"I was out there all the time," White said of his trips to ESPN's Connecticut headquarters. "For most of the time, the last 18 years, I was battling just to get coverage. We used to fight just to try and get covered by them."
Call off the fight. UFC and ESPN have launched a partnership that would have seemed inconceivable even a decade ago, until stars like Ronda Rousey, Conor McGregor, Anderson Silva and Brock Lesnar helped shake the mixed martial arts promotion from a fringe sport even banned in some states to a firm, mainstream player.
White will get his highlights — and so much more. ESPN will raise the curtain on the octagon Saturday and air the first card of a $1.5 billion, five-year deal that will plaster UFC all over the sports network's various platforms.
"It's our time now on ESPN," White said. "We want to kill it this weekend." The UFC card at Barclays Center in Brooklyn, New York, will air on both ESPN and ESPN-plus and features a pay-per-view worthy main event: Henry Cejudo defends the 125-pound title and the fate of the flyweight division against T.J. Dillashaw, the current bantamweight champ looking to add a second belt. UFC's career wins leader Donald Cerrone, crossover star Paige VanZant, and troubled former NFL defensive end Greg Hardy all fight on the debut show.
"I would love to see my face all over ESPN," VanZant said. UFC has opened a TV deal with a bang before: its first network prime-time appearance on Fox in 2011 earned 5.7 million viewers. UFC has soared on PPV over the last seven years — McGregor vs. Khabib Nurmagomedov in October had nearly 2.4 million buys — while TV ratings dipped on free TV. The final UFC on Fox show in December dropped 13 percent from 2017 and netted only 1.8 million viewers.
ESPN has brushed off the low ratings, convinced it can offer the cross-platform exposure UFC needs to widen its fanbase. "SportsCenter." Studio shows. Podcasts. Fights on linear TV and streaming services. Documentaries. On-demand content. UFC, which has also aired on Spike, should feel right at home in the ESPN lineup as network bedrocks such as the NFL, the NBA and baseball.
"The programming that they're going to build around the fights and the amount of money that they're spending on advertising just shows the overall power of ESPN," White said. ESPN kicked off the deal with a night full of classic fights and it peppered college football's national championship game with spots for UFC's arrival and the Brooklyn fights. It also ran a three-hour version of "Ariel Helwani's MMA show" on ESPN2 on New Year's Eve, ringing in 2019 with the reporter giving 2018 awards and talking with fighters, including Cejudo and Dillashaw.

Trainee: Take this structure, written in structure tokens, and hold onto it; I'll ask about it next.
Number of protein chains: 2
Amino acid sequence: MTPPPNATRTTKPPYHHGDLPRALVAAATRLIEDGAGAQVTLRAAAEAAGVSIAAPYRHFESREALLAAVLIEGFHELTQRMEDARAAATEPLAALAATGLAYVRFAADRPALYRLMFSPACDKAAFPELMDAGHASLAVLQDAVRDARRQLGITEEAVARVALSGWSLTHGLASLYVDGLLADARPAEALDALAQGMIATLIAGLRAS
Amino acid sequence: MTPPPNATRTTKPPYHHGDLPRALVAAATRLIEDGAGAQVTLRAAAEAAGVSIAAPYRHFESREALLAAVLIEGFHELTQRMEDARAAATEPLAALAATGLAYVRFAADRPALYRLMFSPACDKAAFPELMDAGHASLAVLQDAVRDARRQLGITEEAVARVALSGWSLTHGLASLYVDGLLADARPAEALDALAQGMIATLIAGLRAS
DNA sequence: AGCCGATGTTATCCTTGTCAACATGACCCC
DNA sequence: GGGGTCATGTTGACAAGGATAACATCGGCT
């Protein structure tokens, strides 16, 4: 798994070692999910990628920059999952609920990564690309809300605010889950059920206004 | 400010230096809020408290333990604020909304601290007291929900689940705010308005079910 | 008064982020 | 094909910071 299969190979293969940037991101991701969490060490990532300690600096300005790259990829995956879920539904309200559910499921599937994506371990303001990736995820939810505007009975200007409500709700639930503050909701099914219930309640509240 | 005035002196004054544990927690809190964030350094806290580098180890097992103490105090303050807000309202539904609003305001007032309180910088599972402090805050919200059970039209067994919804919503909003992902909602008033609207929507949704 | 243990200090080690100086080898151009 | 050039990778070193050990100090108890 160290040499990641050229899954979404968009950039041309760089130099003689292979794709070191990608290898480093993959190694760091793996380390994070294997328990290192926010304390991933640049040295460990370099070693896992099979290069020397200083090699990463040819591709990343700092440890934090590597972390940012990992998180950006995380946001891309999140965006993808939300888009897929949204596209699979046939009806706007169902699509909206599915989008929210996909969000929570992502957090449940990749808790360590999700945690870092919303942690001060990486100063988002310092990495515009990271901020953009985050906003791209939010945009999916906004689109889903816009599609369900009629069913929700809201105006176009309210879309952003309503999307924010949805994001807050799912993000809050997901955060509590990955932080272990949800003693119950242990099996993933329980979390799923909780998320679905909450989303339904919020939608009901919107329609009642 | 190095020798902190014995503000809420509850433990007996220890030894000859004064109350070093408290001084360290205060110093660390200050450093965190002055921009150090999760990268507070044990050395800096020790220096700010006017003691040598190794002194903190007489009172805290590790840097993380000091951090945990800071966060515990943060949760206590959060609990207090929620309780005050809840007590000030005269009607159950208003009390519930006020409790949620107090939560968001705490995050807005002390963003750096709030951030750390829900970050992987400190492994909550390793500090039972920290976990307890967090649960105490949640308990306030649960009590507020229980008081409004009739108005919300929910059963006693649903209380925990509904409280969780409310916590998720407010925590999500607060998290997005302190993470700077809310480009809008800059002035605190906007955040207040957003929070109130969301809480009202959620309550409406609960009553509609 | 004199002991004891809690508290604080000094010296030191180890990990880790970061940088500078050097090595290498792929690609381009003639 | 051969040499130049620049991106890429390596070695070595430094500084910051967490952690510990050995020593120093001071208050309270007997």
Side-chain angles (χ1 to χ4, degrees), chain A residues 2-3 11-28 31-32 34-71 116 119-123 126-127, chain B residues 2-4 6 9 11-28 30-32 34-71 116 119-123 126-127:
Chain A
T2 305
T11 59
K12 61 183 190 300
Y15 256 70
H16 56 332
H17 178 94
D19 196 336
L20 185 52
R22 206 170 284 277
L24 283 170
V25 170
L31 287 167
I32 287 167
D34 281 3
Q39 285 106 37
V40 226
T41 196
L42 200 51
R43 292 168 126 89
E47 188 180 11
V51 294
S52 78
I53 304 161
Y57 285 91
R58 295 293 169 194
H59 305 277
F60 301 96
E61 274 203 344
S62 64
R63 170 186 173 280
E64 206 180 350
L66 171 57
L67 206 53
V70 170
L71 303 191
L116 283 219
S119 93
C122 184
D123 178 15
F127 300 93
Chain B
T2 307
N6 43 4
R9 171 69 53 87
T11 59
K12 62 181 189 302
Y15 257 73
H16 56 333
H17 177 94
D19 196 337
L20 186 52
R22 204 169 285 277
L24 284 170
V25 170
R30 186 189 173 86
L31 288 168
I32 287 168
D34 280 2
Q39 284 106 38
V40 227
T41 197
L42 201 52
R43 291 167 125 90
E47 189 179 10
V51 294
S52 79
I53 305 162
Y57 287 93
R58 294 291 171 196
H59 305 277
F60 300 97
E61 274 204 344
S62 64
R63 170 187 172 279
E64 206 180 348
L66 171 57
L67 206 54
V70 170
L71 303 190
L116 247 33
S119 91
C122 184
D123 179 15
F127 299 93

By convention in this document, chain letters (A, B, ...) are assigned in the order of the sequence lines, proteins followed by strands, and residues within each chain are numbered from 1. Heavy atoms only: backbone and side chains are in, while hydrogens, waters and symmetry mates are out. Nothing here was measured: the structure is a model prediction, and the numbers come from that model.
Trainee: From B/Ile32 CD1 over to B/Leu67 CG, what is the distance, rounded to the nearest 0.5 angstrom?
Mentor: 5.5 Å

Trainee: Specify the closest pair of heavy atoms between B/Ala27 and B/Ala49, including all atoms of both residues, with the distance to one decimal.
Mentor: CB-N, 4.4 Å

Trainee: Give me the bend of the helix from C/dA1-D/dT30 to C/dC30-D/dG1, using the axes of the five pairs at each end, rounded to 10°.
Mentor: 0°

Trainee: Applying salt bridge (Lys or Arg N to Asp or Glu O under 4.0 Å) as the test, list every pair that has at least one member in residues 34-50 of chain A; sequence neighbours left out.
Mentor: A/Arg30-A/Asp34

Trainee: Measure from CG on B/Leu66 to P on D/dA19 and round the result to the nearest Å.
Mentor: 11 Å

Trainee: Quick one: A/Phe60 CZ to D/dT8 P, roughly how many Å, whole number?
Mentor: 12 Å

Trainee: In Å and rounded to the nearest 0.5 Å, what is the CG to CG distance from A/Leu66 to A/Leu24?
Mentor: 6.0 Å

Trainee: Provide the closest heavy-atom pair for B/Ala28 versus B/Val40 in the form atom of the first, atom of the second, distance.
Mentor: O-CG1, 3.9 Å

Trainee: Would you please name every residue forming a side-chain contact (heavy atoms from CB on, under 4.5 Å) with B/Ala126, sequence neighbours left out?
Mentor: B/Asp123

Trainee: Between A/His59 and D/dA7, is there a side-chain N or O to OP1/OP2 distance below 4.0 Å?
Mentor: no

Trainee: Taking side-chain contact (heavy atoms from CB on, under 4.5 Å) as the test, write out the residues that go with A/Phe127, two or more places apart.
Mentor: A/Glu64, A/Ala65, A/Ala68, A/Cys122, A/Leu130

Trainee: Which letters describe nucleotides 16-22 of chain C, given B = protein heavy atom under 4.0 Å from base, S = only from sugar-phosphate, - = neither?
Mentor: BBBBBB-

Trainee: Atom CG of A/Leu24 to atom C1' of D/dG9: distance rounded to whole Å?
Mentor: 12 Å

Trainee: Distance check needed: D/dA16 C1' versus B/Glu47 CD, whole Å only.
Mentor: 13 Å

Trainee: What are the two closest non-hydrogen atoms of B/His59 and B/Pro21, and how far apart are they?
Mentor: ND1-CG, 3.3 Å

"The entire company has really rallied behind this and has started to better understand the potential value here to us," said Glenn Jacobs, ESPN vice president, UFC and Boxing. "We're going to cover the sport the way we cover every sport, hopefully. We don't want the UFC to be looked down or thought about any differently internally than we think about (other sports)."
The contract comes with some risks. UFC will no longer have a free TV home and its most loyal fans are now expected to stretch their fight dollar each month to pay for a cable bill, ESPN-plus ($4.99), UFC Fight Pass ($7.99 to $9.99) and PPV (often $64.99 per fight) to access all content.
ESPN is available in 86.8 million homes and ESPN-plus has hit 1 million subscribers; Fox was available in 119.9 million homes, FS1 in 83 million and FS2 in 57.5 million. "You get more bang for your buck right now," White said. "Everybody has ESPN. We're bringing all these great fights to ESPN linear that you get for free. And then it's $5 for ESPN-plus. That's affordable for everybody."
ESPN's parent company, Walt Disney Co., is set to start its own Netflix-type streaming service this year that could open more doors for UFC. Imagine a day when Ariel (The Little Mermaid) throws it over to Ariel (Helwani) before a podcast.
But will fight fans flock to their devices for fight nights running almost every weekend? "It's similar to what happened with NASCAR. NASCAR took a lot of money from the cable companies to put their events on the cable channels to help grow the channels. What happened is, NASCAR ended up losing its audience," said Neal Pilson, the former president of CBS Sports who now runs his own sports television consulting company. "But I think the biggest risk is from ESPN putting up a lot of money to try and jump-start and grow its subscriber service. That to me is more of a risk element than anything from UFC."
White said the time was right to shift to ESPN-plus and that streaming for Endeavor-owned UFC was "absolutely the future." "Certainly the world wants to see if subscriber TV is going to work," Pilson said. "ESPN is chasing the younger audience. Everyone else is. But are they going to get that audience to stay with UFC on a streaming basis and watch it on your phone for hours at a time? Wow, I don't know."
Grab the phone or iPad, UFC will also unveil new championship belts Saturday to mark the new era. But so much else will look familiar. Jon Anik remains the play-by-play announcer and heavyweight champion Daniel Cormier is the color commentator. Karyn Bryant will host and Megan Olivi reports backstage. Rashad Evans and Michael Bisping will also contribute from the on-site desk team.
"Any time we're on ESPN, we're looking to deliver the biggest and the best up-and-coming fighters," White said.
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